In our vaccination and testing centres, protocols include robust infection protection, a designated chief emergency doctor on every shift, traceability logging, antigen tests offered where needed and mandatory training on hygiene, vaccine handling and patient processes.
In our digital platform, we capture, document, protect, report and archive viral data throughout the vaccination process, embedding quality at every step.
3. Leveraging logistics and engineering
Engineers are natural problem solvers, and the challenge of last-mile vaccination supply has sparked their curiosity. We have learned that the easy part is transporting a few hundred thousand doses to a secure warehouse; the difficulties mount when one tries to transfer the doses onwards from the warehouse and into people’s arms. We have designed multiple service modules that can cope with these complexities. These are:
vaccination centres, established within existing facilities and/or a standalone setup;
mobile testing units that are highly flexible and involve buses or trucks on 20 or 40 ft containers;
mobile containerised testing infrastructure, capable of deployment in vastly different locations due to their adaptability and self-sufficiency;
central testing facilities, designed for high processing capacity to ensure maximum throughput.
4. Reaching diverse communities
Any vaccination programme in Africa will have failed if its ambitions are limited to protecting the high earning business community in the major cities One of our most important commitments is to spread the benefits of vaccination beyond the major urban conurbations into rural areas and vulnerable communities. And this pledge is not idly made. In Ecolog’s 20-year history, we have been engaged by many multinational bodies to complete complex logistical operations in some of the world’s most inaccessible regions – including Ulaanbaatar, Maputo, Kabul, Somalia, and Tetovo.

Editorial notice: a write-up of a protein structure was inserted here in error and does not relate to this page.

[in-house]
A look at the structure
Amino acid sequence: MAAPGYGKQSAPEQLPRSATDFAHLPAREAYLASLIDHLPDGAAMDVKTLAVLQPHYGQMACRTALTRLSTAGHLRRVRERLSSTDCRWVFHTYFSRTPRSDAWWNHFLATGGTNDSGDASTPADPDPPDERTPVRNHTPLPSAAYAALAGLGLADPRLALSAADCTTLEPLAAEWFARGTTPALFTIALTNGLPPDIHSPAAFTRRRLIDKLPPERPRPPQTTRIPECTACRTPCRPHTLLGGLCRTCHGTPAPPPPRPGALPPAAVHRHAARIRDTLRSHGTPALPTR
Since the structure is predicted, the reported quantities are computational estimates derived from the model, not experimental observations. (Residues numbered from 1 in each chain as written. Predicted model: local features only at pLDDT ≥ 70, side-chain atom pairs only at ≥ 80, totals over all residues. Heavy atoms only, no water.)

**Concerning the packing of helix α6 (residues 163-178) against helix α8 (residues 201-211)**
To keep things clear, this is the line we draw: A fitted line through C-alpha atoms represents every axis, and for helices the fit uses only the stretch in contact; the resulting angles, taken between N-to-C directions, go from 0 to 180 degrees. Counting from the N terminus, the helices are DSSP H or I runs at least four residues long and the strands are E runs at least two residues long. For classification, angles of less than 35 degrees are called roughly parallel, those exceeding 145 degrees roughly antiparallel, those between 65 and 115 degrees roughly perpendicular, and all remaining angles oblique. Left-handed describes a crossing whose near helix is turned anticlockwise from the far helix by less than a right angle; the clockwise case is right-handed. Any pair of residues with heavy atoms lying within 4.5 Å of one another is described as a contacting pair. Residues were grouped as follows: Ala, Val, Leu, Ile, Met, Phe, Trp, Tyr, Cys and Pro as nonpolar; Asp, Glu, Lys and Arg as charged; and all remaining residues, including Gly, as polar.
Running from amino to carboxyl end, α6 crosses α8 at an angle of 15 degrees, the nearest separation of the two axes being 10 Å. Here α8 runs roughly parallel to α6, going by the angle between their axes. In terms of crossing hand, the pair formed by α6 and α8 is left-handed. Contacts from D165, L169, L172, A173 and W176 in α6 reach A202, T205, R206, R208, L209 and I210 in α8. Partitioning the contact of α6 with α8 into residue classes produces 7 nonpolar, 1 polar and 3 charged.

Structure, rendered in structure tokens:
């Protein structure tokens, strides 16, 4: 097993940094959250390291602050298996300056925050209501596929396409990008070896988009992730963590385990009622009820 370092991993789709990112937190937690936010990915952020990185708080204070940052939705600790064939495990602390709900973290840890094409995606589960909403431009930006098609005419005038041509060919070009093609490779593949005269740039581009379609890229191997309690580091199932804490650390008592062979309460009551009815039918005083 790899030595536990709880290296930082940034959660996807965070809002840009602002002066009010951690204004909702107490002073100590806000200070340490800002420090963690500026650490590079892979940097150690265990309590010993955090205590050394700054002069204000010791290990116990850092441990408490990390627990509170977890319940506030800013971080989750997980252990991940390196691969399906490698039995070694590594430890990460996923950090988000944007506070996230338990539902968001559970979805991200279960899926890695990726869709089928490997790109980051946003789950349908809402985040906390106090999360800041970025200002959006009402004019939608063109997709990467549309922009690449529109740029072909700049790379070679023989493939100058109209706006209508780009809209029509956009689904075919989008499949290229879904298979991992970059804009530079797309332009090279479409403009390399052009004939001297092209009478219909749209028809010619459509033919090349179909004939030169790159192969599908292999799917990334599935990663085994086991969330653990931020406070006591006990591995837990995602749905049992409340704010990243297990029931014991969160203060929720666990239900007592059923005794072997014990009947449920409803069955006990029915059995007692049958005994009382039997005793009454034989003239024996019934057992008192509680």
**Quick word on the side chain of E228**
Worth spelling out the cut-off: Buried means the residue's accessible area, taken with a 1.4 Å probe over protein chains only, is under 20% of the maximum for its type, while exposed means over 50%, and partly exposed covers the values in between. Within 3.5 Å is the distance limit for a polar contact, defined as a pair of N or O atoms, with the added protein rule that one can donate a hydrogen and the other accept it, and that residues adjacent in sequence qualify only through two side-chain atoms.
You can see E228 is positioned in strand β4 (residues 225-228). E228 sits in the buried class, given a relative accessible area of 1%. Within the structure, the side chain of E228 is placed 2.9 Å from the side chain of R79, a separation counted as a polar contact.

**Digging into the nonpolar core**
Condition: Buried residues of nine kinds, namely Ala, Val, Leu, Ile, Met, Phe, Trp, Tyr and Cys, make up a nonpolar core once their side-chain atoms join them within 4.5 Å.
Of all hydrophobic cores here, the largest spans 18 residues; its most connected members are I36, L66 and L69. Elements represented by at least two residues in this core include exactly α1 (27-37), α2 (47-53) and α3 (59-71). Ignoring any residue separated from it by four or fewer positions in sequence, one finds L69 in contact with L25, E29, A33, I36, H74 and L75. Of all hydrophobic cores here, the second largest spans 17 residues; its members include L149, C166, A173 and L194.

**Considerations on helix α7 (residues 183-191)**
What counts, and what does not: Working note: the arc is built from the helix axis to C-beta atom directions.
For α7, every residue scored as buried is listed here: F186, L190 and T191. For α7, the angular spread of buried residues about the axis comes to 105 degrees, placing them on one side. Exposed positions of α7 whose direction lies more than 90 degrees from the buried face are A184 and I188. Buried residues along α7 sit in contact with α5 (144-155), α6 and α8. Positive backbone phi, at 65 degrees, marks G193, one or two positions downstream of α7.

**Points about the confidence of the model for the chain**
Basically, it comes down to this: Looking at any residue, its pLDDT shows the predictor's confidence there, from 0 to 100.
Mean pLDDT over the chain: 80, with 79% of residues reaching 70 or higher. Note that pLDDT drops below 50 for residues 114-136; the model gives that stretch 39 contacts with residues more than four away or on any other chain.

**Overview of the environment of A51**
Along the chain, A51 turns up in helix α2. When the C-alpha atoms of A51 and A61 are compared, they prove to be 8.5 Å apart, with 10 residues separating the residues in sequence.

The evidence suggests that those at greatest risk from Covid-19 are usually those with other health conditions, and these are exacerbated when the public health infrastructure – for example, water supply and sanitation – is lacking.
For a given quantity of vaccines, most lives will be saved if the products can be delivered intact and with world class safeguarding to those distant communities.
“Out of complexity, find simplicity.”
Every customer contact is an opportunity to build confidence in the ethics and impact of vaccinations, and we have designed each such interaction with an eye to reassuring those who are hesitant and overcoming skepticism. Thus communication must be clear and simple and all the required information in one place, but communication must also be regular in before and after. For sure, digital is first but we are making alternatives available by allowing access to our EcoCare App via mobile phones. Last but not least, whereever necessary, paper alternatives are of course available. Clinical protocols are adhering to best practice in terms of confidentiality, ID verification, informed consent, and applying exclusion criteria to ensure wellbeing.
Albert Einstein once declared, “Out of complexity, find simplicity.” In this short piece, we hope we’ve conveyed that delivering vaccines from the border to the point where they can be safely injected in difficult environments is a hugely complex multivariate challenge. However, it must not seem that way to the customer, whose role is simply to arrive on time at the mobile centre, receive their jab, and proceed about their business. For the customer, receiving protection from a virus that has ravaged the world must be as simple as biting an apple.
That is the legitimate expectation, and that’s what all of us involved in vaccination supply, working in collaboration, must ensure.